The documentary film Fighting Indians tells the story of the successful effort to eliminate the use of Native-themed mascots and names in the public school system of Skowhegan, ME, the last district in the state to use such mascots or names.
For Tribal Nations there, this marked an end to a decades-long struggle to educate the public on the harms of “Indian” mascots and end their use. A discussion will follow the screening, featuring the film’s director, Mark Cooley, and two prominent leaders featured in the film, Dwayne Tomah and Maulian Dana.
Supported by the School of Art & Design Visitors Committee, Media & Cinema Studies Program, Roger Ebert Center for Film Studies, The Center for Advanced Study, and the Humanities Research Institute
The Art & Design Visitors Series endeavors to be accessible to all. If you have questions or would like to request an accessibility accommodation, please email firstname.lastname@example.org.
About the Panelists
Mark Cooley is an interdisciplinary artist and educator whose work primarily focuses on social and environmental issues in a variety of forms, including museum installations, documentary film, sound art, and permaculture design. His work has been screened, exhibited, and performed internationally in venues including Exit Art (NYC), the St. Louis Science Center, The World Social Forum in Mumbai, MediaLabMadrid, the Anthology Film Archives (NYC), and The Phillips, D.C. Mark is an Associate Professor and Director of New Media Arts at George Mason University and is one of the directors of Fighting Indians.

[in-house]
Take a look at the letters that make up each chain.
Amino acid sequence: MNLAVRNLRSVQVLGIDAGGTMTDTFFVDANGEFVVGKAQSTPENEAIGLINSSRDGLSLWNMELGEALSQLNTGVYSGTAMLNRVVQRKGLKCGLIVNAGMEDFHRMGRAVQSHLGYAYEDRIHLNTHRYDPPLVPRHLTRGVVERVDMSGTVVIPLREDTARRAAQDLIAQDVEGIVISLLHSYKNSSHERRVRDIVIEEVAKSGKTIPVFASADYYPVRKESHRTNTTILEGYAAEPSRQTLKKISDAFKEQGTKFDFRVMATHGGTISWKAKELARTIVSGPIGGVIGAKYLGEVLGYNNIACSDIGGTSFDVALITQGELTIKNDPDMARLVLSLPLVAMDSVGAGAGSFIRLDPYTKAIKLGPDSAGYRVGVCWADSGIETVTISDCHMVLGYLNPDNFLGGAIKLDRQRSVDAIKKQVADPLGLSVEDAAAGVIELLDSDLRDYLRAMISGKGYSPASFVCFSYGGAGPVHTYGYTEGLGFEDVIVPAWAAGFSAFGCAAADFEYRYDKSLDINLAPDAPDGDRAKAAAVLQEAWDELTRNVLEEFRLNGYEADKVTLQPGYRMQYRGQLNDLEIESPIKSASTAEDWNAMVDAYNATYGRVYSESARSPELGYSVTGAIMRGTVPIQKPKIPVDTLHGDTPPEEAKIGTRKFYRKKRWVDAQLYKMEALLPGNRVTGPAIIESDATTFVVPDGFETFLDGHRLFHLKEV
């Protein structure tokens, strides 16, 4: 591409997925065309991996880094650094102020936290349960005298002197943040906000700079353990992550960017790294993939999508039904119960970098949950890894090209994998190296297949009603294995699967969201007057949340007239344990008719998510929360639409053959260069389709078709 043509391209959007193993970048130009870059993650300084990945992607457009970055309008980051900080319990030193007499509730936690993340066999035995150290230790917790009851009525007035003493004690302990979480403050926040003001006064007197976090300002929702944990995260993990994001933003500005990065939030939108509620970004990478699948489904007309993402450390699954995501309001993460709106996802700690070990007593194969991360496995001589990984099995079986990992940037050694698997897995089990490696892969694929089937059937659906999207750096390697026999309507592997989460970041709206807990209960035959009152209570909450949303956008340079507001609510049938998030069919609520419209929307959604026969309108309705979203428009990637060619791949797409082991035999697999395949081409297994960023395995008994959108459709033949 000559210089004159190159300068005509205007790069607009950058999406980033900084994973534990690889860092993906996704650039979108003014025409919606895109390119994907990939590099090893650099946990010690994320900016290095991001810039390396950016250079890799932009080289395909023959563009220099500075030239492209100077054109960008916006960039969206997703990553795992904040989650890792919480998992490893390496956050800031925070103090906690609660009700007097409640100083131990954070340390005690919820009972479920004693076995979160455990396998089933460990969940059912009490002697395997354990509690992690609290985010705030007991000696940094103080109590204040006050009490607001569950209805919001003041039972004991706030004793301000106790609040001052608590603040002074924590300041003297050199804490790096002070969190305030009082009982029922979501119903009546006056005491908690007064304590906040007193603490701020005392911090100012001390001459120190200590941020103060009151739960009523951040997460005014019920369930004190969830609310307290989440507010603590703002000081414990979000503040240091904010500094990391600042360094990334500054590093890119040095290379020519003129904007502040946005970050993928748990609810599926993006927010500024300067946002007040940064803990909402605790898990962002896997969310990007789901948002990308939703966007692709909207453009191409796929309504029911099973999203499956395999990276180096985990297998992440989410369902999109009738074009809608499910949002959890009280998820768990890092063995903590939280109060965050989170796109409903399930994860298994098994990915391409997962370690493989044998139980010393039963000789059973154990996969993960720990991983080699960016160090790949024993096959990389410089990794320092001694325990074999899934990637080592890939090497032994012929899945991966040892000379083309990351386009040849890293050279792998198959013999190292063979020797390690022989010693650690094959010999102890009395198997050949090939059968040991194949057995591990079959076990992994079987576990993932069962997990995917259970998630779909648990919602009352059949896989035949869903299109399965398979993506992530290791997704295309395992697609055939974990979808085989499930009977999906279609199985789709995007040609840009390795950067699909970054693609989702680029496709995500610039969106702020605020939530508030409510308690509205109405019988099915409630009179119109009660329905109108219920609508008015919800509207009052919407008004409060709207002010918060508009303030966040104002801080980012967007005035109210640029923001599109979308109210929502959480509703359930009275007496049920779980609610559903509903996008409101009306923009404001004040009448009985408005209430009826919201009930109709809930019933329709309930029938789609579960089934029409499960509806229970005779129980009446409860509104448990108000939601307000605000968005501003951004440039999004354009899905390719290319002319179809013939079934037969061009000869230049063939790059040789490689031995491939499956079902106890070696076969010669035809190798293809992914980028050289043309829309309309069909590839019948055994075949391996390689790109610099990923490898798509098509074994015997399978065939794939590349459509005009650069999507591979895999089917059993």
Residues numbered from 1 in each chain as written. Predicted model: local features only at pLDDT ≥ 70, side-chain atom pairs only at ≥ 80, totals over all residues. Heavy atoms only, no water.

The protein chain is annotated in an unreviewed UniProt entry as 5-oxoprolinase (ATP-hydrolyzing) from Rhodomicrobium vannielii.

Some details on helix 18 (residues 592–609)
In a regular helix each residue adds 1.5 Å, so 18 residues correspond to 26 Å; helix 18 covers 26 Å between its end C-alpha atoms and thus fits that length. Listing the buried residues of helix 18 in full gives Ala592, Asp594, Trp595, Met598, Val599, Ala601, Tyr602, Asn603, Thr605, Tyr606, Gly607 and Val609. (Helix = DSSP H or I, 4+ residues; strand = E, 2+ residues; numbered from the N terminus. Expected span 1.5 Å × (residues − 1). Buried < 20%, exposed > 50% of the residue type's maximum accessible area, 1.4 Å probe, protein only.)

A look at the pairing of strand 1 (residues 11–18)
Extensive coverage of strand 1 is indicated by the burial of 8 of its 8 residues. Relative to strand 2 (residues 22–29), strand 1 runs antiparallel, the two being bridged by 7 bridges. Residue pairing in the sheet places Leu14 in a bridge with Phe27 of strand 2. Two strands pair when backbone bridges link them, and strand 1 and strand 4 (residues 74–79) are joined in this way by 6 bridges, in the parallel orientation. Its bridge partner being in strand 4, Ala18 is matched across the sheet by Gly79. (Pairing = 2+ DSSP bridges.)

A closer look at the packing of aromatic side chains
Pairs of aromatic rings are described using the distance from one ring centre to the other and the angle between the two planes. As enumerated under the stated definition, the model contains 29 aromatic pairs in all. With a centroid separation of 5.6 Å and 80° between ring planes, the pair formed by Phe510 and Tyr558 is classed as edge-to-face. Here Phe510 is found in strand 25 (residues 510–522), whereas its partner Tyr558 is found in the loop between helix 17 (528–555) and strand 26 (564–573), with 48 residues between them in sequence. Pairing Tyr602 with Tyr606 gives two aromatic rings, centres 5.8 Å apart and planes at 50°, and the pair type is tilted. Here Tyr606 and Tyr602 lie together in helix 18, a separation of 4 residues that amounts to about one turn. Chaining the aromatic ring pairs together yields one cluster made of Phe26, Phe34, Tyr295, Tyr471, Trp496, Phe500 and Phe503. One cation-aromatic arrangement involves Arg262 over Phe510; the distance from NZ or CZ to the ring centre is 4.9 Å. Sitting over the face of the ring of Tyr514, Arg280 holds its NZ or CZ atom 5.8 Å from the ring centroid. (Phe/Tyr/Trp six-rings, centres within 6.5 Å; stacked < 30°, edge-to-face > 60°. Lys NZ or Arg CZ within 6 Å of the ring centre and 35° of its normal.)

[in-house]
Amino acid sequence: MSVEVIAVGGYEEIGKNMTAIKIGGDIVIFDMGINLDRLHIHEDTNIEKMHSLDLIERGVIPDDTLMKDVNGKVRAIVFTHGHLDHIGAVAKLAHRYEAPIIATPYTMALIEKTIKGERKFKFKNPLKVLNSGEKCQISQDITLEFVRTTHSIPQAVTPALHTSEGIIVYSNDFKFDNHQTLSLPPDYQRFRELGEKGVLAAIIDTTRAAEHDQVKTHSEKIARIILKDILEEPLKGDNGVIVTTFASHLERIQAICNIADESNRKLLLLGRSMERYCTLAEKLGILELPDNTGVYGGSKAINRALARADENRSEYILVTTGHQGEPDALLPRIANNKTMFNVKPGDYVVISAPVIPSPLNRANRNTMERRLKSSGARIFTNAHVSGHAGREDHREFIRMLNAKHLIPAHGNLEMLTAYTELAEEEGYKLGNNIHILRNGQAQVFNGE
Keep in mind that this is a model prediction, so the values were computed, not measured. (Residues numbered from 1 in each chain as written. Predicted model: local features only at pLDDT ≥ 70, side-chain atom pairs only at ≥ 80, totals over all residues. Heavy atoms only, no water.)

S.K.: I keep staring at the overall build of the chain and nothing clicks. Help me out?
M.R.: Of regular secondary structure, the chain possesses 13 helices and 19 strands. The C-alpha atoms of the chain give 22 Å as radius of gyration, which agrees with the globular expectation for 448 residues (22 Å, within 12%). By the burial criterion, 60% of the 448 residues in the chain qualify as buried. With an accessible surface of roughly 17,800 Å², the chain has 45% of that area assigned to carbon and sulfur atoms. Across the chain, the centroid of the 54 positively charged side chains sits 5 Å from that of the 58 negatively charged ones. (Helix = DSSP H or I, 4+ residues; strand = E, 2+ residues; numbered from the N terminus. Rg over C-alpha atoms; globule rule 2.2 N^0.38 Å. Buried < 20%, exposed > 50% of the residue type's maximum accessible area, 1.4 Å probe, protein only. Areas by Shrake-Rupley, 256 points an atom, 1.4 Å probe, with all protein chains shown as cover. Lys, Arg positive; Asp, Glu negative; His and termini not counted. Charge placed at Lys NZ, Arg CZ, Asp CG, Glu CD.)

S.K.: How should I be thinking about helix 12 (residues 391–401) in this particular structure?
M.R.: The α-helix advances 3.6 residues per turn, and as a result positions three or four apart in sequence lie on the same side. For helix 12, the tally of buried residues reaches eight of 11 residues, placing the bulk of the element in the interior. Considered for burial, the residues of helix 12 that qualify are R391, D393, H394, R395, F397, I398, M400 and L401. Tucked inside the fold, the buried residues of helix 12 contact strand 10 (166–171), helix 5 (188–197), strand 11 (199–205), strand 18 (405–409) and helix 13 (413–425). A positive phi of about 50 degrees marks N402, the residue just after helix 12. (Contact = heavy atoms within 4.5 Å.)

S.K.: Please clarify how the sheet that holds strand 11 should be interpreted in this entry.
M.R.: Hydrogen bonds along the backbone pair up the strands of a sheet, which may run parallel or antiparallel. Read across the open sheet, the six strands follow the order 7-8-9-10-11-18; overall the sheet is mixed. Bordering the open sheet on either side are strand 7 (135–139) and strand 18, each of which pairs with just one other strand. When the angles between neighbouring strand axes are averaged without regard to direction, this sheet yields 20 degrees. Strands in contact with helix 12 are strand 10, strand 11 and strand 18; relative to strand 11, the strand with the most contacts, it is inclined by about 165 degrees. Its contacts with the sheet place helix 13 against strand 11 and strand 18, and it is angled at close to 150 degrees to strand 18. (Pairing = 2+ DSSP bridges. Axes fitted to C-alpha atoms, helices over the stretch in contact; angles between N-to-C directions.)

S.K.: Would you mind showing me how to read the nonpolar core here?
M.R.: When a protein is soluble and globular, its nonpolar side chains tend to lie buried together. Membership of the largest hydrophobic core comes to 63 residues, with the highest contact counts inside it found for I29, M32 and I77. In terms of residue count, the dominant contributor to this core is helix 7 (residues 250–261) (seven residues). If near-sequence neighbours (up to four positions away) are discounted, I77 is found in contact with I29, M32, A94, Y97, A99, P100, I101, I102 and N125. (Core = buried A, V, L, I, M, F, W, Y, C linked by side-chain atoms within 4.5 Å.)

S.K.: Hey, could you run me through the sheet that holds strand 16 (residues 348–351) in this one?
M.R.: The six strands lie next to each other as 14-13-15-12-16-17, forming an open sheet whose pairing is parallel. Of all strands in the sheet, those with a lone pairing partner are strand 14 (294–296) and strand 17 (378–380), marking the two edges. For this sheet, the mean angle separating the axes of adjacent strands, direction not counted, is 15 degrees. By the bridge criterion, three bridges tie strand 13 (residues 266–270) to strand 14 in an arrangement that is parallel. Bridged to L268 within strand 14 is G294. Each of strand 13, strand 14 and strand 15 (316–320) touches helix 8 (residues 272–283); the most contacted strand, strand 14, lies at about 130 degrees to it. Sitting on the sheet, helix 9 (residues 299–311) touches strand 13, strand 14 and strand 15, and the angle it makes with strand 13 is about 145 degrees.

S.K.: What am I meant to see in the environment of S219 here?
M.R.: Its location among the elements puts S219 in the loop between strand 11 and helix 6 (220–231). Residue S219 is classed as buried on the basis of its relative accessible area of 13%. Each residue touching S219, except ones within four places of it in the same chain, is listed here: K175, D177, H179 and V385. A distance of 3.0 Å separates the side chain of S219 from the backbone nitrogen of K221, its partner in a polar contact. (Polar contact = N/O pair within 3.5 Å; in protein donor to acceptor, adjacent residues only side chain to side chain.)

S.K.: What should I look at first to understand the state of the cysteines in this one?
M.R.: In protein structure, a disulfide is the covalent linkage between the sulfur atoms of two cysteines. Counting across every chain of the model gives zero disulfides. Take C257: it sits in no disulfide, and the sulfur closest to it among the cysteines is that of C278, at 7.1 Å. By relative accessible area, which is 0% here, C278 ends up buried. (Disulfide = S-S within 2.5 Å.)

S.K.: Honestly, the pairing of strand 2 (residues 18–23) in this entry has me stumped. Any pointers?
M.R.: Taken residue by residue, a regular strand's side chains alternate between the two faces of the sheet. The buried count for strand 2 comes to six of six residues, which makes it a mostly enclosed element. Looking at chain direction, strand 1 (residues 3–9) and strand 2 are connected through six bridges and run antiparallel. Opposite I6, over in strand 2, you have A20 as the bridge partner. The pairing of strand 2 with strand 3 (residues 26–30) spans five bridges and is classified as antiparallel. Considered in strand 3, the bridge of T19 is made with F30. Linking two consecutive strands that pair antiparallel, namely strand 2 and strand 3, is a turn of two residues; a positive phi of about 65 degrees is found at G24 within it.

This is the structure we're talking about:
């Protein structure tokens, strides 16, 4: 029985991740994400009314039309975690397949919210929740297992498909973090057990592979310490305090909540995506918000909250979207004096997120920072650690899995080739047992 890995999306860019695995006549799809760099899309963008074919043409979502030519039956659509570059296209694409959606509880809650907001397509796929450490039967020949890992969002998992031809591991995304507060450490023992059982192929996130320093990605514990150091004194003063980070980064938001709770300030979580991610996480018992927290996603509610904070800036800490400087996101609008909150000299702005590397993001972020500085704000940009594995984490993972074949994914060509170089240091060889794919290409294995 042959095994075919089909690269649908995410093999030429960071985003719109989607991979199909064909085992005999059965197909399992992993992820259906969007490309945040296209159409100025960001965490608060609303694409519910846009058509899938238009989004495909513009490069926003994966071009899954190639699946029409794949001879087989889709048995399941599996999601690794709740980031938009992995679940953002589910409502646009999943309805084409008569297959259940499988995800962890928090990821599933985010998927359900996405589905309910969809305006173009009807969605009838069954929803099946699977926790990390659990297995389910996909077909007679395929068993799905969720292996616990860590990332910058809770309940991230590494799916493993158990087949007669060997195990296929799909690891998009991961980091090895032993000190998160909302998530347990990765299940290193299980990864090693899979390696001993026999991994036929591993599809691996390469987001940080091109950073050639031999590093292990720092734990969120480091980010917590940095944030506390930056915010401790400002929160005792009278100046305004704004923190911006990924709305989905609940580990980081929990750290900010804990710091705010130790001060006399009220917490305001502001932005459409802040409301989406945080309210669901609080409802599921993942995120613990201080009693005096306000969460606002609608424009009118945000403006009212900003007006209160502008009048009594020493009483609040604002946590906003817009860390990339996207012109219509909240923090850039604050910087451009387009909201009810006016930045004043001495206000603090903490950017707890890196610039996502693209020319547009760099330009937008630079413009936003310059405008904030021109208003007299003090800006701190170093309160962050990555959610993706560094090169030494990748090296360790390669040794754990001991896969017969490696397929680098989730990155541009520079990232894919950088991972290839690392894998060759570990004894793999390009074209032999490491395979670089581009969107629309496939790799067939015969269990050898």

Maulian Dana (Penobsot)
Maulian Dana is Tribal Ambassador for the Penobscot Nation, serving as a representative of the Penobscot Nation at the local, state, and federal levels of government in order to educate and advocate for policy and laws that impact and protect the Penobscot Nation’s sovereignty, culture, natural resources, and general welfare of the Penobscot people. Ambassador Dana’s advocacy has resulted in the State of Maine legally changing the annual Columbus Day holiday in October to Indigenous Peoples Day and to prohibit public schools from using derogatory mascots.
Dwayne Tomah (Passamaquoddy)
Dwayne Tomah is a Language Keeper and teacher of the Passamaquoddy language and culture. He shares Native legends through song and dance, and has edited the Passamaquoddy dictionary and helped create a Passamaquoddy Language App. Dwayne is currently working with the Library of Congress on translating the Passamaquoddy Wax Cylinders, the first recordings in the world of Native languages. He is involved in repatriation and Land Back issues and sharing historical truth regarding The Doctrine of Discovery from an Indigenous perspective.